Let’s talk about Burnout

Feeling stressed out? run down? constantly exhausted? It might be burnout.

Feeling super tired, stressed and run down lately? You are not alone! The endless demands of work, personal responsibilities, and the constant pressure to excel can leave us feeling depleted, both physically and emotionally. That’s why it’s so important to prioritise self-care and consider strategies like nutrition to combat burnout and restore balance. Let’s explore how we can use the power of nutrition to rejuvenate both body and mind.

What is burnout?

The World Health Organisation (WHO) defines Burnout as follows:
 
“Burnout is a syndrome conceptualized as resulting from chronic workplace stress that has not been successfully managed. It is characterized by three dimensions:

– feelings of energy depletion or exhaustion;
– increased mental distance from one’s job, or feelings of negativism or cynicism related to one’s job; and
– reduced professional efficacy.

Burnout refers specifically to phenomena in the occupational context and should not be applied to describe experiences in other areas of life.”

Burnout is a state of chronic physical, emotional, and mental exhaustion typically caused by prolonged and intense stress, often related to one’s work or personal life. It is characterized by feelings of overwhelming fatigue, cynicism, detachment, and a sense of reduced accomplishment or effectiveness in one’s tasks or responsibilities.

Our adrenal glands, which are small organs located above the kidneys, usually deal with stress by producing hormones like cortisol. However, if the stress remains for a prolonged period of time, the adrenal glands will continue releasing these hormones until the glands become depleted and burnout or “adrenal fatigue” can occur.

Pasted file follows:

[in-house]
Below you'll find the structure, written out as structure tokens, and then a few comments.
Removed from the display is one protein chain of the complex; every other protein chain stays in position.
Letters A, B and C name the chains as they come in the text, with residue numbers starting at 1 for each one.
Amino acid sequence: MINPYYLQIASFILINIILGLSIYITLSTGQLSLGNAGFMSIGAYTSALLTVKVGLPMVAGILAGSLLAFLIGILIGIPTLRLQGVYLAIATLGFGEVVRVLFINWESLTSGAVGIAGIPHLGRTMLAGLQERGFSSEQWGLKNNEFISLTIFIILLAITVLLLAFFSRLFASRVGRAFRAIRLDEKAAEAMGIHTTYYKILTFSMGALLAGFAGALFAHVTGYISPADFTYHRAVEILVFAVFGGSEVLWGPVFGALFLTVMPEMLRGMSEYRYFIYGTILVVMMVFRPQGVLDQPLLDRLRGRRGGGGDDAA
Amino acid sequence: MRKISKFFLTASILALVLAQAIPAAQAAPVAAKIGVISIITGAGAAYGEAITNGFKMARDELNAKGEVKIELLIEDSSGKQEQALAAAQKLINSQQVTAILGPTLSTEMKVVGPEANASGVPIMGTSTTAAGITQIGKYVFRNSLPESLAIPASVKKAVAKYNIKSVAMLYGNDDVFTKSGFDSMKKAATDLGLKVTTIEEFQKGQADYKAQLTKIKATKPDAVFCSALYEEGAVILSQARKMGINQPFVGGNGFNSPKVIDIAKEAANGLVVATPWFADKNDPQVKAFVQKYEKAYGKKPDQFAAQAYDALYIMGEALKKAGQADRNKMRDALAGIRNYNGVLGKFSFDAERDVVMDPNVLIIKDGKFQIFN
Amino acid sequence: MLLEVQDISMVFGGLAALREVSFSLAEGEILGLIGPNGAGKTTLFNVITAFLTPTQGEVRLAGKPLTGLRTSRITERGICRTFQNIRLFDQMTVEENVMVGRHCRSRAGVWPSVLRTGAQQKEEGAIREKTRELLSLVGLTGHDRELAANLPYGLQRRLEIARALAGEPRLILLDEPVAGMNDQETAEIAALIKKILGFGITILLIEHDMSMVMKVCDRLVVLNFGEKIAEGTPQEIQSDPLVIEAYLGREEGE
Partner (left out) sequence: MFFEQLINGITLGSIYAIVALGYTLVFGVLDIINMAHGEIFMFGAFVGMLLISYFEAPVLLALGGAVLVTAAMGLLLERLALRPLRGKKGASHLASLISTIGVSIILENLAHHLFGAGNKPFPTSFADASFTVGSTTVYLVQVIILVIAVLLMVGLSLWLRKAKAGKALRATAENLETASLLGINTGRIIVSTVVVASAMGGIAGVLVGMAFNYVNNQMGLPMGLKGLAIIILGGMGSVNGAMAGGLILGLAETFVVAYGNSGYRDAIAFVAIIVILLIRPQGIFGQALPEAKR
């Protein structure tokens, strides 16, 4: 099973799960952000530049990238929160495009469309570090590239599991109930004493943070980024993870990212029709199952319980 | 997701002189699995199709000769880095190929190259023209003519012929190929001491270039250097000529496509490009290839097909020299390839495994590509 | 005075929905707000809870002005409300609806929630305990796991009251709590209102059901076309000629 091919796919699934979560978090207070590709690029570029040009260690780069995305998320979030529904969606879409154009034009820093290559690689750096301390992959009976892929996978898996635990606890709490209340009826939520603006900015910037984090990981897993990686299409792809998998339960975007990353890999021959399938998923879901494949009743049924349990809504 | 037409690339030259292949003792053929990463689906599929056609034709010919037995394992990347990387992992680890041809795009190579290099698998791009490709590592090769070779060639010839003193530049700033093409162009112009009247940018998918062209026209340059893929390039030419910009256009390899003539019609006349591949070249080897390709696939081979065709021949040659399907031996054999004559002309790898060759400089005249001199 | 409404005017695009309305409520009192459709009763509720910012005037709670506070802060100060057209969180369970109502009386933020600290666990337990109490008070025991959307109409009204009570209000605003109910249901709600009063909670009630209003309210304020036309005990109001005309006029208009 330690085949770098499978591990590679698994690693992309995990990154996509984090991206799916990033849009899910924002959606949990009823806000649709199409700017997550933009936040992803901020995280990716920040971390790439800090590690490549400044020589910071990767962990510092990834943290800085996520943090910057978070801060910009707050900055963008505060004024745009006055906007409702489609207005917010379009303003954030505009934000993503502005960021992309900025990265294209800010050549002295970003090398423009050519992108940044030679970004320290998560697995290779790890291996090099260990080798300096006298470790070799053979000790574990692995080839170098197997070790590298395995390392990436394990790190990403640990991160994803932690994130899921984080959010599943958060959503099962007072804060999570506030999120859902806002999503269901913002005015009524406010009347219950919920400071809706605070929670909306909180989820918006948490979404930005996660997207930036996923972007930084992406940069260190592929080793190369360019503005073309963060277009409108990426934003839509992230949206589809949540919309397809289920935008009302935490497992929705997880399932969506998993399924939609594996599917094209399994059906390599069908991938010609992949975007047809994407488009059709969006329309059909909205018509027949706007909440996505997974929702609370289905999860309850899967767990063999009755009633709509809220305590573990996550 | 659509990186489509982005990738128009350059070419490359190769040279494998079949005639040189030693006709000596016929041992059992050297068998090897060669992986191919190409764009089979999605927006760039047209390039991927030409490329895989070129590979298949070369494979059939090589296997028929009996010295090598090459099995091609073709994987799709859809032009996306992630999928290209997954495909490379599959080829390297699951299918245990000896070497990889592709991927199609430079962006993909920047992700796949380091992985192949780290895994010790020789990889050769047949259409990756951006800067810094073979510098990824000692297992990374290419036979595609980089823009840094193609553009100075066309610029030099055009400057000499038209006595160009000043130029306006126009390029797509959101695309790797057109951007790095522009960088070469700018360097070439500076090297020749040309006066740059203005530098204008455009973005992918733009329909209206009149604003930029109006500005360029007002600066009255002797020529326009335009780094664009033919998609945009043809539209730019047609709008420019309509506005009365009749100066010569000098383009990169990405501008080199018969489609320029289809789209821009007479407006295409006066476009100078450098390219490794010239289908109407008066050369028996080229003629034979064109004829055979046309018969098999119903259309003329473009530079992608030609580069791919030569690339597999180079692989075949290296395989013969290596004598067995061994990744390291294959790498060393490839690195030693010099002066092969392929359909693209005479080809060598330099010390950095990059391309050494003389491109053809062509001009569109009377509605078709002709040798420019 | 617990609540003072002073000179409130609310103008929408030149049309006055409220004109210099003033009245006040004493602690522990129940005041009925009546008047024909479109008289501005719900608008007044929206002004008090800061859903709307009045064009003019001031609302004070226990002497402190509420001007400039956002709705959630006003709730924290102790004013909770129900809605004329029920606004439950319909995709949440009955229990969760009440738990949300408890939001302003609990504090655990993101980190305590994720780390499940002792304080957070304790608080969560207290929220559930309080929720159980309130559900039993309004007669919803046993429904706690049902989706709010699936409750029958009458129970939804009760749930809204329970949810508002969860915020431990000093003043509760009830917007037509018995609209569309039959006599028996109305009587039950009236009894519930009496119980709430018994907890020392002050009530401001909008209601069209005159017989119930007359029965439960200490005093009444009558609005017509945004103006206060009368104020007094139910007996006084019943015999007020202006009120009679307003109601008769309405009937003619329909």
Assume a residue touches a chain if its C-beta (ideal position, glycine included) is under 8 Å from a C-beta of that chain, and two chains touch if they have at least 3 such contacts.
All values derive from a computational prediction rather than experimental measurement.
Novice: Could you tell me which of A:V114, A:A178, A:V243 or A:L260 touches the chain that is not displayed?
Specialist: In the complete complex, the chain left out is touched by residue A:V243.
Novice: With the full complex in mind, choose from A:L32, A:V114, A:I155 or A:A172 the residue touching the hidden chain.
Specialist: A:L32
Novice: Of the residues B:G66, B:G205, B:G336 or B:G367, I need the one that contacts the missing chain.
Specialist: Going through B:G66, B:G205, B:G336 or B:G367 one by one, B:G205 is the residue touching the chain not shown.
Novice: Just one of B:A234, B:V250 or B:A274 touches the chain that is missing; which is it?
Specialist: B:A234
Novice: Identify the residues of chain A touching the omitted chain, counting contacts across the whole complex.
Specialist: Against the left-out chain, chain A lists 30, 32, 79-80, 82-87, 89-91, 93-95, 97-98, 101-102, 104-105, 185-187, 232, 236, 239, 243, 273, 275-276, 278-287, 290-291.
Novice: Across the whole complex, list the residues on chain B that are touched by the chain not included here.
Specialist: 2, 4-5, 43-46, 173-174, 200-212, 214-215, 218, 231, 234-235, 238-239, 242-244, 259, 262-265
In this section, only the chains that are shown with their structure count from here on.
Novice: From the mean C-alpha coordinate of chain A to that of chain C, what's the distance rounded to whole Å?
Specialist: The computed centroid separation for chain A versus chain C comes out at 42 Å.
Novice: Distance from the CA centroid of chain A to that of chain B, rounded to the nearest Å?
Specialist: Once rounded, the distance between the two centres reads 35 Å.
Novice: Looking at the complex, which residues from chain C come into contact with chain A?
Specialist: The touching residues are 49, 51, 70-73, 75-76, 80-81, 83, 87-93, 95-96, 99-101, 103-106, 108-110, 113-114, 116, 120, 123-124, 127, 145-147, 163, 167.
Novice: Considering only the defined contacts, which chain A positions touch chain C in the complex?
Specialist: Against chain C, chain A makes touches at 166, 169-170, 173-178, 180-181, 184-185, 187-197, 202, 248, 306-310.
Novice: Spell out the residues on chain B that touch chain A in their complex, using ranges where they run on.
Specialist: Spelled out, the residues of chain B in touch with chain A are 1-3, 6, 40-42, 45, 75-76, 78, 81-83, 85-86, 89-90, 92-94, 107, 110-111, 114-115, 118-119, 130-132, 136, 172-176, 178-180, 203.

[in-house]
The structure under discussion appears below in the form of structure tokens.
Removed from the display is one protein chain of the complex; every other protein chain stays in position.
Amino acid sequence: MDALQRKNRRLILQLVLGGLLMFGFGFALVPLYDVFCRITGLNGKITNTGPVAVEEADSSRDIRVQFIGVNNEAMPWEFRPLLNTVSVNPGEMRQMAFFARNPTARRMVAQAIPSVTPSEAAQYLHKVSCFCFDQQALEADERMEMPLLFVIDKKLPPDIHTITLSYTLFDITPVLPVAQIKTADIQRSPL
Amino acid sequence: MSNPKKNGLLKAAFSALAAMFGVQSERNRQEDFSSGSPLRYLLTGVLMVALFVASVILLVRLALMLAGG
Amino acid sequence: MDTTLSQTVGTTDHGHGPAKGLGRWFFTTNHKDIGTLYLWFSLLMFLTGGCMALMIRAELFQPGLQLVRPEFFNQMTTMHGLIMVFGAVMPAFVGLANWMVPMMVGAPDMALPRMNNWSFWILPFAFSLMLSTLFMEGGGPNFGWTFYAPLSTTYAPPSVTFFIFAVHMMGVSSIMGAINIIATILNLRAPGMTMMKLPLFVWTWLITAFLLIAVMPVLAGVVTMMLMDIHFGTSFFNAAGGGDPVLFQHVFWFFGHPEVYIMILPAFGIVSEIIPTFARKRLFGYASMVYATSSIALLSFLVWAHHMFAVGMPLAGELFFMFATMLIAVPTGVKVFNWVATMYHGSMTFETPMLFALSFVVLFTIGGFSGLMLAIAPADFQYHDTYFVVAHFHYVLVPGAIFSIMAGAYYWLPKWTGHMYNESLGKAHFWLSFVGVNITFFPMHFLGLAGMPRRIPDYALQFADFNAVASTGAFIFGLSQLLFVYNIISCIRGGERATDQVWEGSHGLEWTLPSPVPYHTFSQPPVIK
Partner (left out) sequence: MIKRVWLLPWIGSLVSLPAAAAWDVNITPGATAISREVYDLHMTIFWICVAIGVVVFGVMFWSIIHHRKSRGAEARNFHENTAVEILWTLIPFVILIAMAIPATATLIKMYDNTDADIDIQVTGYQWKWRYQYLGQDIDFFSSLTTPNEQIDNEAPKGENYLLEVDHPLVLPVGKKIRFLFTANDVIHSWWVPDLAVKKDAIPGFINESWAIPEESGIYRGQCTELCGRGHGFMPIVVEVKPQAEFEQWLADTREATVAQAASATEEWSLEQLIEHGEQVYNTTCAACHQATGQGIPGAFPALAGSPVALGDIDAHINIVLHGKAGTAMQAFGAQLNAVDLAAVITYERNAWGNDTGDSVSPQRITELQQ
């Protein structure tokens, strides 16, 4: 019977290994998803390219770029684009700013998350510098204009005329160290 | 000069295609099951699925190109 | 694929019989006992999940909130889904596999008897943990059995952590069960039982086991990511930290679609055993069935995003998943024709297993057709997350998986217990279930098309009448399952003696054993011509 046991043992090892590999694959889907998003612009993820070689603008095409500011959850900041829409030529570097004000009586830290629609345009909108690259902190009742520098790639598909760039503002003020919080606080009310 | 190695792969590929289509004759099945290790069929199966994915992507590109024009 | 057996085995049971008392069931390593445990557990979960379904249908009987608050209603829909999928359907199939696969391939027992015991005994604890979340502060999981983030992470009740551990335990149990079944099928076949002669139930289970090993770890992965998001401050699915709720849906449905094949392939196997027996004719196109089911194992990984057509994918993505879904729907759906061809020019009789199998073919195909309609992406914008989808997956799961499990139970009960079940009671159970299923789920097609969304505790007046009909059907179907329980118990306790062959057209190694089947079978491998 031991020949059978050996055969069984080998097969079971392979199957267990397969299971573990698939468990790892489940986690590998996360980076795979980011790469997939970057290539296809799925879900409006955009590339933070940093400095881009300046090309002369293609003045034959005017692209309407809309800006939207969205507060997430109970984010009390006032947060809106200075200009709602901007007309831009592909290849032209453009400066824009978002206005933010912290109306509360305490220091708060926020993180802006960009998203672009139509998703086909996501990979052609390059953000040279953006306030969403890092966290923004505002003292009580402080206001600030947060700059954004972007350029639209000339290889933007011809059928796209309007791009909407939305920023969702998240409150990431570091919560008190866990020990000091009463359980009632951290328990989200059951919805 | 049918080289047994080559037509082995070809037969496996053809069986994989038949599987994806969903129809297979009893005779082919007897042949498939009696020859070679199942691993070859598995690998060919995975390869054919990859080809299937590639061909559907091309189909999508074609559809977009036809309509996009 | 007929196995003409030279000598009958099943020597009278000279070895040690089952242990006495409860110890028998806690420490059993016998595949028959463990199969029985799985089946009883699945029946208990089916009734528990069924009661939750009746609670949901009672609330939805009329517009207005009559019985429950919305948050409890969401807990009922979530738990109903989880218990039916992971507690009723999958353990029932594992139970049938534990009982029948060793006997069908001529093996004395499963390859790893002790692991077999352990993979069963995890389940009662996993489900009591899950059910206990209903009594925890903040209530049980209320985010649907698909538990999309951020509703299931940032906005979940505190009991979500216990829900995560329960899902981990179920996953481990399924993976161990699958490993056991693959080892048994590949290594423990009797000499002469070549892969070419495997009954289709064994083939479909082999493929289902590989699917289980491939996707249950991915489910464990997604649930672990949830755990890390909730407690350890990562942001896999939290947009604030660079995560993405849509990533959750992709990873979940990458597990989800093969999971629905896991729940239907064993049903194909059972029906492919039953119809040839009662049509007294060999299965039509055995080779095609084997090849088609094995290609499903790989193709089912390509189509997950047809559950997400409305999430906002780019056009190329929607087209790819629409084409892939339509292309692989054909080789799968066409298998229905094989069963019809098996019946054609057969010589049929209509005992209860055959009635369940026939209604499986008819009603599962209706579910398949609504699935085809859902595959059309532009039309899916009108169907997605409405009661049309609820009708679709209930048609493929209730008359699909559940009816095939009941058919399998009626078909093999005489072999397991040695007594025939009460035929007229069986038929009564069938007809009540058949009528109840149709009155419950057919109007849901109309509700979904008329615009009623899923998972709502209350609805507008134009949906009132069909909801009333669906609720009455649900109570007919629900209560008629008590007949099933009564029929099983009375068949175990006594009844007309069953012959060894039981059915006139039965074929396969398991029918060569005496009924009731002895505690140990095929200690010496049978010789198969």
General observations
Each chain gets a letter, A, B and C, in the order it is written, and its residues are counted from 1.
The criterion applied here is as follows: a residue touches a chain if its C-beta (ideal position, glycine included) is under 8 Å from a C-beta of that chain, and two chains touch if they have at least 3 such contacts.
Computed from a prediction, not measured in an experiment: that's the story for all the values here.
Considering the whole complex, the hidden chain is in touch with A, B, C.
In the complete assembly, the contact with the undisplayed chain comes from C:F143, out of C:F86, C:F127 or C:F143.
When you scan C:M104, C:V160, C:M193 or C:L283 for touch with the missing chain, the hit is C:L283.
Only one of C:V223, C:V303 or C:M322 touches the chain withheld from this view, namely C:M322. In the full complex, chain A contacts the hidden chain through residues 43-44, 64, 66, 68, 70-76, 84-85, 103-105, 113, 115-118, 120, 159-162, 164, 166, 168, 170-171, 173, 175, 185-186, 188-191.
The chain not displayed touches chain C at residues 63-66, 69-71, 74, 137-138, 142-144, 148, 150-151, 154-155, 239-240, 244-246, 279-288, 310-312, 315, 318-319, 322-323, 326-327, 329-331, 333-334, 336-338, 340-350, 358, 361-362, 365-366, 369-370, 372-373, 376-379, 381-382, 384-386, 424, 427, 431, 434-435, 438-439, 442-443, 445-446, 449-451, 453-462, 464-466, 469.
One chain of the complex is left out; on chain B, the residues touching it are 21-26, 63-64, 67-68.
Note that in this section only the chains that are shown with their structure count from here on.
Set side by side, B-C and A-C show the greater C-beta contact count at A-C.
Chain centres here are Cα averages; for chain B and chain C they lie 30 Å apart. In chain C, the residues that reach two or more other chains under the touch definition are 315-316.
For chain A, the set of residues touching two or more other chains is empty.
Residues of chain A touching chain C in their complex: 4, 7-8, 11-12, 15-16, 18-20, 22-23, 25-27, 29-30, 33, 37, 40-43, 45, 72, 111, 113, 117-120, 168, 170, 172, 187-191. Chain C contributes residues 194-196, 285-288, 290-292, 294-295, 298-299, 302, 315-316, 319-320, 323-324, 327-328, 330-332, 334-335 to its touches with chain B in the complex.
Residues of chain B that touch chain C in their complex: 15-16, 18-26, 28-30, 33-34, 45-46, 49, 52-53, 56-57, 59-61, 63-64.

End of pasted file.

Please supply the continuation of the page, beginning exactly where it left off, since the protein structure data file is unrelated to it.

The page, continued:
Signs & symptoms of burnout

Burnout involves much more than just having an extra busy week. Burnout can manifest in various ways, including physical symptoms like headaches or stomach problems, emotional symptoms like mood swings or irritability, and cognitive symptoms like reduced concentration or forgetfulness.

Signs of burnout may include:

  • Chronic fatigue
  • Brain fog
  • Weight gain
  • Low libido and signs of hormonal imbalances (such as skin issues, changes to menstrual cycle, digestive issues, etc)
  • Mood changes (such as low mood, anxiety, irritability, low resilience and patience)
  • Hair loss
  • Cravings for sweet and salty foods
  • Decrease in performance (either at work, home or both)
  • Sleep issues (such as trouble falling asleep, waking up in the night, insomnia)
  • Frequent illnesses (stress impacts  the immune system) 

f you find yourself experiencing several of these signs and symptoms, it’s important to acknowledge them and take proactive steps towards self-care and seeking support. Burnout is a serious condition that warrants attention and intervention.

Tips for managing burnout

While there will always be things in life that are beyond your control, there ARE steps you can take to help treat and prevent burnout. Key tools for combating stress include: sleep, music, exercise, nature, talking, and food.

Diet

Our bodies burn through more nutrients during times of stress, so this is a crucial time to pay extra attention to feeding yourself well. Focus on consuming a variety of minimally processed, nutrient-rich foods every day such as fruits and vegetables, whole grains, eggs, fish, poultry, beans and legumes, nuts, and seeds.

As tempting as it may be to load up on sugar and caffeine during this time, neither is going to help with stress, and both can lead to even further hormonal imbalances, crazy blood sugar levels, sleep disturbances, and more. So while sugar and caffeine are still okay in moderation, be sure to not let either be the bulk of your diet.